- Welding voltage: controls the arc length, which is the distance between the molten weld pool and the wire filler metal
- Welding current: as the current increases, the weld penetrates further into the base material
- Travel speed: generally expressed in inches per minute, travel speed is calculated by dividing the length of the weld by the time it took to complete the weld, multiplied by 60
- Shielding gas: selected according to the material being welded
TIG Welding vs. MIG Welding
- Your welding experience
- The materials involved
- How much time you can devote to the project
- Your budget
Some of the differences between MIG and TIG welding include:
- Material thickness: TIG welding tends to be a more effective method for thinner metal. With MIG welding using consumable filler material, it can typically complete the welding of thicker pieces in less time than a TIG welder.
- The appearance of the weld: TIG welding is usually preferred when a clean, attractive finish is required. That’s why TIG is almost always used for artistic and ornamental purposes.
- Different techniques: One of the most notable differences between TIG and MIG is in their methods. In TIG, the welder must feed a separate filler material onto the weld with one hand while operating the torch with the other. A wire electrode is continuously fed through the spool gun to create the weld with MIG welding.
- Ease of use: Most welders agree that TIG has a steeper learning curve, so inexperienced users often find MIG’s continuously feeding wire a more natural technique to handle.
- Speed of welding: TIG is the slower method of the two, but it provides a much higher level of detail. MIG would lend itself to projects that demand higher production rates.
- Autogenous welding: TIG is suitable for autogenous welding, while MIG welding always requires a filler material.
- The size of the project: As noted earlier, TIG welding works better for thinner metals and smaller projects that need precise and clean welds. MIG would be more appropriate for larger projects with thicker materials that call for longer, continuous runs.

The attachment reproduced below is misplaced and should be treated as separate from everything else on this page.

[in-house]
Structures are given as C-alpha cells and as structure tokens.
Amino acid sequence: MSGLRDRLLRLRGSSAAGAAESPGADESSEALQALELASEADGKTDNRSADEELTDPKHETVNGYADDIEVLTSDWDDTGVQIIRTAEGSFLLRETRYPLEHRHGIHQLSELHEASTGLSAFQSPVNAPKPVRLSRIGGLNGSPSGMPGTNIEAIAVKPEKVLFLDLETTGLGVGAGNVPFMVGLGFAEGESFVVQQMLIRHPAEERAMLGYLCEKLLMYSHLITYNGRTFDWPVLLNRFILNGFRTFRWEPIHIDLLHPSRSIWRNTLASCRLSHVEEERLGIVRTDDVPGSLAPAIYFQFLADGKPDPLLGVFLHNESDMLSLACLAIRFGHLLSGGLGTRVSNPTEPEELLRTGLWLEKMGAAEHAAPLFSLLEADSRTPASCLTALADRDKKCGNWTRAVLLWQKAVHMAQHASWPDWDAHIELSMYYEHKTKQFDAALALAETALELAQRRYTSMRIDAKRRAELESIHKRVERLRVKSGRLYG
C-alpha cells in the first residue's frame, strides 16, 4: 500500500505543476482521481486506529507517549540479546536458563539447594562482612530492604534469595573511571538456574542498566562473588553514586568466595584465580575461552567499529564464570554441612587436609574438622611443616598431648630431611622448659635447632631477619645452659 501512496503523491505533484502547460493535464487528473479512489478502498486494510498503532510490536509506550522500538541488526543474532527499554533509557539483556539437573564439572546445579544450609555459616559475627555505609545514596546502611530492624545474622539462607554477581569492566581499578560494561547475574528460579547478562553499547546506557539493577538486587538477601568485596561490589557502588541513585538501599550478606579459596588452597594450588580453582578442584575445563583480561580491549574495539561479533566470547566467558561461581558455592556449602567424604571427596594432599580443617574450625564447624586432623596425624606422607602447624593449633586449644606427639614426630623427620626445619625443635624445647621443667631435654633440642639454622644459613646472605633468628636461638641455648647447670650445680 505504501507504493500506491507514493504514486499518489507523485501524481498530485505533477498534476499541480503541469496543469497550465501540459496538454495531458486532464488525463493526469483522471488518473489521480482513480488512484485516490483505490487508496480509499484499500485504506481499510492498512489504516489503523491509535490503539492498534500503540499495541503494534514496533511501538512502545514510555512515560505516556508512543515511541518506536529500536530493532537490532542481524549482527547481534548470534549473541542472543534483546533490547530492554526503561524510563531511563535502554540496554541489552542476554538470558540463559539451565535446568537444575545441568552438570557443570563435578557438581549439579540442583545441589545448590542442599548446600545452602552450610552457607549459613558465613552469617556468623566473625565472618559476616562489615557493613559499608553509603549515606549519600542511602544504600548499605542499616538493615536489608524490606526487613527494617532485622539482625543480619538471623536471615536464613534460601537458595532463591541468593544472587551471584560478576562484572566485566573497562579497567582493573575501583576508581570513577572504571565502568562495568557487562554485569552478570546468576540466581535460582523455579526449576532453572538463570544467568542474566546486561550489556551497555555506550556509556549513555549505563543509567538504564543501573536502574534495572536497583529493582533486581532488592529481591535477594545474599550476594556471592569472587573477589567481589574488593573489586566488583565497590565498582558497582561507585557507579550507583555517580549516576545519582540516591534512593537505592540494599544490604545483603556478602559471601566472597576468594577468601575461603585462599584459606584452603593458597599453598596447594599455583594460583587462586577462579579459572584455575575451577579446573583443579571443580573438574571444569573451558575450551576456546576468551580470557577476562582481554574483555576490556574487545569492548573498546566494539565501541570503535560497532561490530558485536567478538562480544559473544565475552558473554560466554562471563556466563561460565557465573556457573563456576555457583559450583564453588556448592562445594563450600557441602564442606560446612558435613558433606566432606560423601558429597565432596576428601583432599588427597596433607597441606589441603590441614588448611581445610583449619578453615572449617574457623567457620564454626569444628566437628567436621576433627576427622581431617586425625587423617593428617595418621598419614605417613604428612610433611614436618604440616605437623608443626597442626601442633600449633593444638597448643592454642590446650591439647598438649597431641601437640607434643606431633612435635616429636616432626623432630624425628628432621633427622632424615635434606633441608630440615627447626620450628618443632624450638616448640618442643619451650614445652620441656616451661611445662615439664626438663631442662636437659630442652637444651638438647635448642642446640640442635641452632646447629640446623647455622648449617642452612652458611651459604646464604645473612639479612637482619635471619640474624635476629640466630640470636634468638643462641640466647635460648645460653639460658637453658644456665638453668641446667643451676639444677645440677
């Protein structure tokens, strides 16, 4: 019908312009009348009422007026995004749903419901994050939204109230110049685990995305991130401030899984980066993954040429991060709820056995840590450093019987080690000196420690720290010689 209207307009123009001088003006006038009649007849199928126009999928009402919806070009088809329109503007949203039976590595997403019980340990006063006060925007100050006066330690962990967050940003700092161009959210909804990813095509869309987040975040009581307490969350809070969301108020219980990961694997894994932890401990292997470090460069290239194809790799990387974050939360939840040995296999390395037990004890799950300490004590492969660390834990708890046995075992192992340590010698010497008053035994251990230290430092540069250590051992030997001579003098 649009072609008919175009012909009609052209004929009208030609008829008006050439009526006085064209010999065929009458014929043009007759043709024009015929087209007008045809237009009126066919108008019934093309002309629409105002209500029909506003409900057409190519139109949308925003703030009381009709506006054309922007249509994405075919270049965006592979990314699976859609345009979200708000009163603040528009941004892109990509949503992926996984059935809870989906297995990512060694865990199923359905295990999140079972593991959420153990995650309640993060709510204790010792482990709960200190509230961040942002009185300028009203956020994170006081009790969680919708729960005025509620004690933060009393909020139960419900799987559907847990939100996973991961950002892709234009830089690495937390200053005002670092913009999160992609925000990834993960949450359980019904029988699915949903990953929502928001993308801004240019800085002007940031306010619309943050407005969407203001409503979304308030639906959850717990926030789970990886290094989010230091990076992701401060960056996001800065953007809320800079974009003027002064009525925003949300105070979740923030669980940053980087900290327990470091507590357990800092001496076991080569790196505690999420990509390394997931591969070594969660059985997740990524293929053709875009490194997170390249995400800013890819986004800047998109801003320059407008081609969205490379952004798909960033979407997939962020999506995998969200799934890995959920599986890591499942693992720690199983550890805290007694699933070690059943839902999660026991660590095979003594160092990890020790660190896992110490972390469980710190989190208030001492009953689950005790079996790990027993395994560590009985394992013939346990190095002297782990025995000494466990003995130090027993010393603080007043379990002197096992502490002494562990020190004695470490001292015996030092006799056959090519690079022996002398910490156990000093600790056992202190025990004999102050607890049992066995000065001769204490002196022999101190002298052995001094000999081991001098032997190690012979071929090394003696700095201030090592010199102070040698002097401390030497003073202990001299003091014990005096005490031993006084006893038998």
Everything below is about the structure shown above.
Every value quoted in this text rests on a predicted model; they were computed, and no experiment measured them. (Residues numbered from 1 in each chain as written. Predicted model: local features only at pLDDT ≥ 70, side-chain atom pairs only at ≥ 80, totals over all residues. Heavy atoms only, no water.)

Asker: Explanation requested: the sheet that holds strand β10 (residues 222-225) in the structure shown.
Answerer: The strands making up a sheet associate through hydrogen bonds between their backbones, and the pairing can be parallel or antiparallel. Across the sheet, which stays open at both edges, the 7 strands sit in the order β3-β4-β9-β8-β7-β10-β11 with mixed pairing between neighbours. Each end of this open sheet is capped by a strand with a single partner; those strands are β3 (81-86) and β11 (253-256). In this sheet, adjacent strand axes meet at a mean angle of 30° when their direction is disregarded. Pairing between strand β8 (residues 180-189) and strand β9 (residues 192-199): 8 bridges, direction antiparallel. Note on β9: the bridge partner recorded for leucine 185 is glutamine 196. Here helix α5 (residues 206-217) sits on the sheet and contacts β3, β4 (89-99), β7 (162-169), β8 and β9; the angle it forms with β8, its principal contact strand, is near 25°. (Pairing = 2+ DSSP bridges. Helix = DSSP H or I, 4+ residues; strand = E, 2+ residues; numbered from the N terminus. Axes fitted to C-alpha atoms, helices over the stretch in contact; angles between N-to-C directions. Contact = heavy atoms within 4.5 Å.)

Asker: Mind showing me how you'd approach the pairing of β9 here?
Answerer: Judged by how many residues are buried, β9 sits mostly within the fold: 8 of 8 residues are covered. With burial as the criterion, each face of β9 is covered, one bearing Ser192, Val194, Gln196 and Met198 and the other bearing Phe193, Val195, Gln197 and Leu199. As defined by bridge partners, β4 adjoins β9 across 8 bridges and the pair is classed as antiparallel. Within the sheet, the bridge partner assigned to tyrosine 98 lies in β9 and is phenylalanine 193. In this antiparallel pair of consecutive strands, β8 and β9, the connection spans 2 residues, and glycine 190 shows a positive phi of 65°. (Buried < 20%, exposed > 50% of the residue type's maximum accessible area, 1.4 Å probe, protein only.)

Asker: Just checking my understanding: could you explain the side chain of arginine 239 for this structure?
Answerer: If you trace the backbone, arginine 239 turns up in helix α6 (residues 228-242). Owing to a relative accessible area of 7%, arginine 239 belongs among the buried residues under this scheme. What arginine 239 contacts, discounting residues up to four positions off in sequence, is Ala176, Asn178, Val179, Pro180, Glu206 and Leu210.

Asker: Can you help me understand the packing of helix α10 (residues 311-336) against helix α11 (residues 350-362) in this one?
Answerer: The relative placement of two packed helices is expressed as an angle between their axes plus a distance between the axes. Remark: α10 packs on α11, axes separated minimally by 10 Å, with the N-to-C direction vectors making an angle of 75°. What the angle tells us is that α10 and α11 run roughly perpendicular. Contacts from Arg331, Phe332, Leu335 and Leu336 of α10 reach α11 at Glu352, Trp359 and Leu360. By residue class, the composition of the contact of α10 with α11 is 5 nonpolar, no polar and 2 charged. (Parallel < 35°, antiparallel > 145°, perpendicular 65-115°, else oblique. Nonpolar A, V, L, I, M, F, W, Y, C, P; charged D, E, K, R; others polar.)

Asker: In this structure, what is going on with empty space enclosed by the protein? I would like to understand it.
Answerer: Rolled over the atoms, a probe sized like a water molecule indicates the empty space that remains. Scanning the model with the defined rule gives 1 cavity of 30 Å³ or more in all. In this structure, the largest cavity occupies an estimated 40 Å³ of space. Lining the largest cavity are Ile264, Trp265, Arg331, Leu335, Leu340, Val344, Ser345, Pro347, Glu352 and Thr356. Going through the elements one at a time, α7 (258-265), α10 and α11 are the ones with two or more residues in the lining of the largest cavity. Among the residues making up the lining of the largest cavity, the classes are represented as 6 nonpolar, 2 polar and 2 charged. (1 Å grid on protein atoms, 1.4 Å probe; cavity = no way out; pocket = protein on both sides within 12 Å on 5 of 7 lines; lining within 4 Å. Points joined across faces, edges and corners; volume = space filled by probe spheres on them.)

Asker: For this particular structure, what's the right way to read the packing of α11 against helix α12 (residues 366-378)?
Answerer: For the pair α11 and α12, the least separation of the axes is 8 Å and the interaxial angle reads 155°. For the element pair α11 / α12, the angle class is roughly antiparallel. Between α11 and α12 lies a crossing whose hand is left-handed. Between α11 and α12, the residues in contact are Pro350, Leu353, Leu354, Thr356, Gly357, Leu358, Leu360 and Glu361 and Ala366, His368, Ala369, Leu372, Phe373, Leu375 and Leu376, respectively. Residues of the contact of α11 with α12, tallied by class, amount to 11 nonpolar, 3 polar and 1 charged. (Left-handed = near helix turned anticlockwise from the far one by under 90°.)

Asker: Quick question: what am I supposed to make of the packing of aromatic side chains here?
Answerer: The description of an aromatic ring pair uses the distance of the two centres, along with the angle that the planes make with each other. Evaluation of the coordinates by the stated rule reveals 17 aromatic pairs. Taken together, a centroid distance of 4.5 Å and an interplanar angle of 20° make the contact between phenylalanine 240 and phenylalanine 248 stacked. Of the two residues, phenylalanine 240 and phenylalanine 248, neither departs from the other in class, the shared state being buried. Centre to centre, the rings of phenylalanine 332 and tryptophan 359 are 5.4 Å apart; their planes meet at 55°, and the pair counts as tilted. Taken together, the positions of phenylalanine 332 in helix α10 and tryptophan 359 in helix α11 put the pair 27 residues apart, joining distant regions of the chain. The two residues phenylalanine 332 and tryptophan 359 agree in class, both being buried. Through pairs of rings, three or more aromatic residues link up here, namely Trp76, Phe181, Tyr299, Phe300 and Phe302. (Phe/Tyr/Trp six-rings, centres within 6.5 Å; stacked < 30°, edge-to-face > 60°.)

- Costs: MIG is not as expensive because TIG welding is a slower process. The consumables for TIG cost a bit more, but not all that much.
- Environmental: TIG welding is generally cleaner and better for the environment.
We Have TIG Welders To Meet Your Needs
At PrimeWeld, we offer some of the best TIG welders in the industry at prices that will please both hobbyists and pros alike.
Take our popular TIG225X AC/DC TIG Welder, one of the most versatile machines on the market. It comes complete with an easy-to-use foot pedal control, along with a CK17 flex torch, connecting cables and hoses, power supply source, and all the accessories you need to get working. A three-year warranty seals the deal!
The TIG200D Inverter TIG Welder is an economical machine that provides excellent welds in mild steel for thicknesses up to 3 mm (1/8”). It offers both foot-pedal heat control and high-frequency starts from its hand torch. Portability is another one of its many appealing features.
Our versatile CT-520D 50 Amp Plasma Cutter Welder Combo includes a 200 amps TIG welder, as well as a 200-amp stick welder combination. This three-in-one system offers multiple cutting and welding functions.
The affordable STICK160 Dual Voltage TIG/Stick Welder is another TIG welding machine that is a compact and reliable machine that includes a 160 amps double-voltage stick welder. You can handle many of your primary welding needs and requirements, up to 160 amps, with this machine.Have questions? We have answers. Contact us, and one of our welding professionals will provide you with the guidance you need to make the right choice for your application.